Paper for LegCo Economic Services Panel
Container Terminal No. 9


This paper informs Members of the agreement reached by the commercial parties and endorsed by the Sino-British Joint Liaison Group (JLG) on the development of Container Terminal No. 9 (CT-9).

The CT-9 Agreement

2. The agreement provides that:

  1. Modern Terminals limited (MTL) would exchange its two berths in CT-8 with Asia Container Terminals Limited’s (ACT’s) two-berth share of CT-9;
  2. in addition to its previous one-berth share of CT-9, and the two exchanged with ACT, MTL would develop and own a feeder berth of up to 310 metres within the CT-9 lot at the area presently intended to be a rubble mound, on the basis that MTL would transfer to HIT 60 metres of quay frontage;
  3. in addition to its previous one-berth share of CT-9, HIT would develop and own a feeder berth of up to 320 metres at the cargo working area north of CT-9;
  4. HIT would be granted by private treaty a site (zoned for industrial and cargo working purposes) of 7.7 hectares adjacent to its feeder berth mentioned in (c) above for container handling, on the basis that HIT would transfer to MTL a site of 3.85 hectares within the CT-9 lot itself; and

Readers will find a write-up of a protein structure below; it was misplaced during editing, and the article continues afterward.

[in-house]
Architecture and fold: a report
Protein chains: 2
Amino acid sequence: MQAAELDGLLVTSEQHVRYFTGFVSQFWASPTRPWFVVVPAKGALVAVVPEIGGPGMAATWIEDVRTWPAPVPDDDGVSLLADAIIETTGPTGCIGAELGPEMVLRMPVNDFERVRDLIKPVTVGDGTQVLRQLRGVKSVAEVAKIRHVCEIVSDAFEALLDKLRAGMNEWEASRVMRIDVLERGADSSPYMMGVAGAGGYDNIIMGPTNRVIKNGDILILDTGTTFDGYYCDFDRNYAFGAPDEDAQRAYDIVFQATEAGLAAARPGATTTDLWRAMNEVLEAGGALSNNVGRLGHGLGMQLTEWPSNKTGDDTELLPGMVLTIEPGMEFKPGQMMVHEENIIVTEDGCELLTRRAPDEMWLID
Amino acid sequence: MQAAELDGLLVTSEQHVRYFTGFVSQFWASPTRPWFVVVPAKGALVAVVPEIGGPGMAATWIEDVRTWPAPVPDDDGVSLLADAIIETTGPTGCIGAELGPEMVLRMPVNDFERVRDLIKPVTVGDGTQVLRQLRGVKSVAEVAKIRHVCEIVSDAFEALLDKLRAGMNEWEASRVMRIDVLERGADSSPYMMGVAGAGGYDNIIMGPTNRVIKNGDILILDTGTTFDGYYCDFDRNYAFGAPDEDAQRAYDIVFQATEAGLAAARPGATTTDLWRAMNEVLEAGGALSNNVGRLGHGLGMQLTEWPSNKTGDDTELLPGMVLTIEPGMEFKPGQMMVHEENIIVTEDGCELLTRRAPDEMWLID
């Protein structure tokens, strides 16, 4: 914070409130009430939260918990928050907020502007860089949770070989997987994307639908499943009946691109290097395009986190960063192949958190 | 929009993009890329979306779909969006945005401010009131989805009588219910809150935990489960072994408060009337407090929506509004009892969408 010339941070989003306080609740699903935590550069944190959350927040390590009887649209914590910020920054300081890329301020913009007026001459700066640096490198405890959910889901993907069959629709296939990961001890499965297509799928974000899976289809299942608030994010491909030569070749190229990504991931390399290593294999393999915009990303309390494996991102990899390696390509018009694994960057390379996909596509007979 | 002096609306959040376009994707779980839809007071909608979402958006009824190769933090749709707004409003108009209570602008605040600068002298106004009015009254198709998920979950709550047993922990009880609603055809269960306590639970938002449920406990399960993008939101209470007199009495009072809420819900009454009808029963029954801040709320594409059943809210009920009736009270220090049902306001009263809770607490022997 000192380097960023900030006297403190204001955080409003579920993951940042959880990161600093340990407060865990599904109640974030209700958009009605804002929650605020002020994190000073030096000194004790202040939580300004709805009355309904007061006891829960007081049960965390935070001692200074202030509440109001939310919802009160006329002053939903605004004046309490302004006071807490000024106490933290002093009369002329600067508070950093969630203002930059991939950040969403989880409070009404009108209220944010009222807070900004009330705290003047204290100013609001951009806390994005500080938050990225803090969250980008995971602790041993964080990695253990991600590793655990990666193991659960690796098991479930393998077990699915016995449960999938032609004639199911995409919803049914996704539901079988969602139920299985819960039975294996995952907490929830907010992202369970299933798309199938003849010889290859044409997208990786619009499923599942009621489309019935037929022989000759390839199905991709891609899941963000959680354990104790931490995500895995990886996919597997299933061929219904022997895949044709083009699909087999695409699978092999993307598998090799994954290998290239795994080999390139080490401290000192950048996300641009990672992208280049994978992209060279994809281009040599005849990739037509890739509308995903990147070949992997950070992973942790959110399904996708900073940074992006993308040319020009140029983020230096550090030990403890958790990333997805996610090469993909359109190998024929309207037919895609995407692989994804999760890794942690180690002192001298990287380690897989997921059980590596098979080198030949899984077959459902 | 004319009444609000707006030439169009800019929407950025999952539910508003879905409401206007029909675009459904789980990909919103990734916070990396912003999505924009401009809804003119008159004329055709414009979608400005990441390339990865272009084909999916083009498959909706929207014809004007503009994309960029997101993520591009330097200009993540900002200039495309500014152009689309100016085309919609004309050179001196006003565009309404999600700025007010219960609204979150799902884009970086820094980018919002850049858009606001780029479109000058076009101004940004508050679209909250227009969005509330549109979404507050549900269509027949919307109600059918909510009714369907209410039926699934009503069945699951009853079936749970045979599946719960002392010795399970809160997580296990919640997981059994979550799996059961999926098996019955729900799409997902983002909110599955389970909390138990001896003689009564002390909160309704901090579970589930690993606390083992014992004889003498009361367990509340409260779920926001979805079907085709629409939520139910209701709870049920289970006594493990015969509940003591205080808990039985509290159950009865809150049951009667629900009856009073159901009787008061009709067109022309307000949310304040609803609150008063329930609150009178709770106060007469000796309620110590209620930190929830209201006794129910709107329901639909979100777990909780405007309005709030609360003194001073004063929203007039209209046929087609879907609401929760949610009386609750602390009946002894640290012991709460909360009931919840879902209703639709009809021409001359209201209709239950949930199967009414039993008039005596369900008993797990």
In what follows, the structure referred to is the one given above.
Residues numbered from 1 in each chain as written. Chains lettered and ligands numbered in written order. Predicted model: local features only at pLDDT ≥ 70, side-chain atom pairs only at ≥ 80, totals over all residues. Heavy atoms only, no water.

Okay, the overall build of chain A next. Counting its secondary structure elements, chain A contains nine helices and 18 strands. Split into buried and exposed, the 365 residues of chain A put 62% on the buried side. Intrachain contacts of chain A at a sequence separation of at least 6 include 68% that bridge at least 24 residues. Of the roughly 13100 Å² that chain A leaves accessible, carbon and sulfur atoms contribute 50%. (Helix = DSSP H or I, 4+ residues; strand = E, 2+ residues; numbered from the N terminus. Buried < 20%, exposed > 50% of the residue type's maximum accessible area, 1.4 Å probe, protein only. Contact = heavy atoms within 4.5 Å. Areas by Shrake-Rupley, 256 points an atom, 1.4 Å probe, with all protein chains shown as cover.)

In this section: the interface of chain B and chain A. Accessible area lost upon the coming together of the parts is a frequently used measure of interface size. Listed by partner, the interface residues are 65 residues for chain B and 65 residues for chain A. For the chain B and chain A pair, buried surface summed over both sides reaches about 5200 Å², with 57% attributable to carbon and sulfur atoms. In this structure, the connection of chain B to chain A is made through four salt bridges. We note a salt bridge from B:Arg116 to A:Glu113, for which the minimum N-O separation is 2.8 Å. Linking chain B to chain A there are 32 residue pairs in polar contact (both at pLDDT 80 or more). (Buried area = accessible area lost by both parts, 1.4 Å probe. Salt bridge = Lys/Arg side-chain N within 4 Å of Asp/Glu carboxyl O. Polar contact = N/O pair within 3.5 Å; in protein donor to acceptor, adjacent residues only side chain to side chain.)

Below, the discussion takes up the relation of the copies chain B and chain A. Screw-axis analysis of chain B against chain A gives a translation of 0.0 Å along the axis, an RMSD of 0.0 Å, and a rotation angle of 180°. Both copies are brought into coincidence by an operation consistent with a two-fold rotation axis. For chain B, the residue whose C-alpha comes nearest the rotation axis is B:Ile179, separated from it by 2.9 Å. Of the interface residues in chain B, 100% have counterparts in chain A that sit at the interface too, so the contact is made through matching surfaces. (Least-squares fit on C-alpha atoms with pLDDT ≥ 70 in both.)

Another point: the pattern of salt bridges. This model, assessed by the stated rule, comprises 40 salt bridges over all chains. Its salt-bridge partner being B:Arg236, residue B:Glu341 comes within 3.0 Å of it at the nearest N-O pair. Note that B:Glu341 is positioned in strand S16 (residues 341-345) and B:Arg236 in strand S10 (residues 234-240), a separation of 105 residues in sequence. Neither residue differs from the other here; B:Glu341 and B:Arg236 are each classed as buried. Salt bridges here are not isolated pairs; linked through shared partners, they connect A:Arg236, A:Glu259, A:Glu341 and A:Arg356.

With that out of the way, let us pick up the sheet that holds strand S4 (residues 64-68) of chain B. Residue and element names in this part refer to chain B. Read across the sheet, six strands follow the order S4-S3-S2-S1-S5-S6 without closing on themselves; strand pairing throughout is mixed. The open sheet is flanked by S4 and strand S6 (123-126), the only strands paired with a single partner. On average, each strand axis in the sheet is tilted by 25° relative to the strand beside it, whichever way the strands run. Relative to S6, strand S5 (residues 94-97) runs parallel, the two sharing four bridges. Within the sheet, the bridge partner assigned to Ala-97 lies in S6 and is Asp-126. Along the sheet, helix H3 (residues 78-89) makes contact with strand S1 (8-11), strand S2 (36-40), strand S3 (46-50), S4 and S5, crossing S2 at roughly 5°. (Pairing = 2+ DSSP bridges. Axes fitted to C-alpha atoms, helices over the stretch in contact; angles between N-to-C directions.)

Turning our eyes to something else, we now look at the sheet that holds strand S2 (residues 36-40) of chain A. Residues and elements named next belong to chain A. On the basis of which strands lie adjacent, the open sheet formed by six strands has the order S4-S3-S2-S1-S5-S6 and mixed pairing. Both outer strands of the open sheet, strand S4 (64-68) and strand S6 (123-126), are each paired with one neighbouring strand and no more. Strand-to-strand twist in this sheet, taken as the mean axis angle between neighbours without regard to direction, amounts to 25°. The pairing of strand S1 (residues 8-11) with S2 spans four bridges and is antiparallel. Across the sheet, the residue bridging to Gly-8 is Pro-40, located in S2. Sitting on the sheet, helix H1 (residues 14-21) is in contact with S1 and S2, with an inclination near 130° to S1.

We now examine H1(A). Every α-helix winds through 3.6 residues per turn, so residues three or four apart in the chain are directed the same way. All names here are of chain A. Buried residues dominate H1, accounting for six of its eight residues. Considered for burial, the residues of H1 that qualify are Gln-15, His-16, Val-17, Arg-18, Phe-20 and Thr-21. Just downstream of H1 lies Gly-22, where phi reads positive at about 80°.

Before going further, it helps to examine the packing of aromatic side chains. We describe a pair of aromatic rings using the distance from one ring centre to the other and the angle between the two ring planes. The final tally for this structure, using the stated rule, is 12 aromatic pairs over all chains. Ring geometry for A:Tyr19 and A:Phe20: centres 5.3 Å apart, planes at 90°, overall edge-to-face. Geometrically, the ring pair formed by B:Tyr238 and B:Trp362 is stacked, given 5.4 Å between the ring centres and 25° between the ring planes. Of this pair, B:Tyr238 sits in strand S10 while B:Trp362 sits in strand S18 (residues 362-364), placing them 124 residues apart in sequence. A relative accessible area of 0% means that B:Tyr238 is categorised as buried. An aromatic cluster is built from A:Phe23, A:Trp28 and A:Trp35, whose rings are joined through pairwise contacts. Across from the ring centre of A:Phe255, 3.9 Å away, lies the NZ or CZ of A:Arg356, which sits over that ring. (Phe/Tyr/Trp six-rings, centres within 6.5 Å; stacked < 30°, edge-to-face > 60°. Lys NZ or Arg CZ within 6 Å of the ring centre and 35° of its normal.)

5. HIT would provide a suitable screen building on a site adjoining that mentioned in (d) above, prior to its berths in CT-9 being brought into operation.

3. The agreement, negotiated among the commercial parties concerned, is aimed to achieve two objectives -

    - the elimination of single-berth terminals in CT-9; and

    - the incorporation of a feeder berth in each of the two terminals in CT-9.

Shipping Alliances

4. Two major developments in the world shipping business and in Hong Kong have impacted on the design of new container terminals. The formation of world shipping alliances (for example the Grand Alliance consisting of NYK Line (Japan), Hapag Lyoyd (Germany), Neptune Orient Line (Singapore) and P & O (UK); the Global Alliance consisting of OOCL (Hong Kong), APL (USA), Nedlloyd (Holland), Mitsui-OSK (Japan) and MISC (Malaysia); and the Maersk Line (Denmark) and Sea-Land (USA) Joint Service) has given shipping lines a much stronger bargaining power. The new shipping alliances have larger fleets under their control which enable them to call more frequently at major ports (such as Hong Kong) and to cover more ports in any particular regions.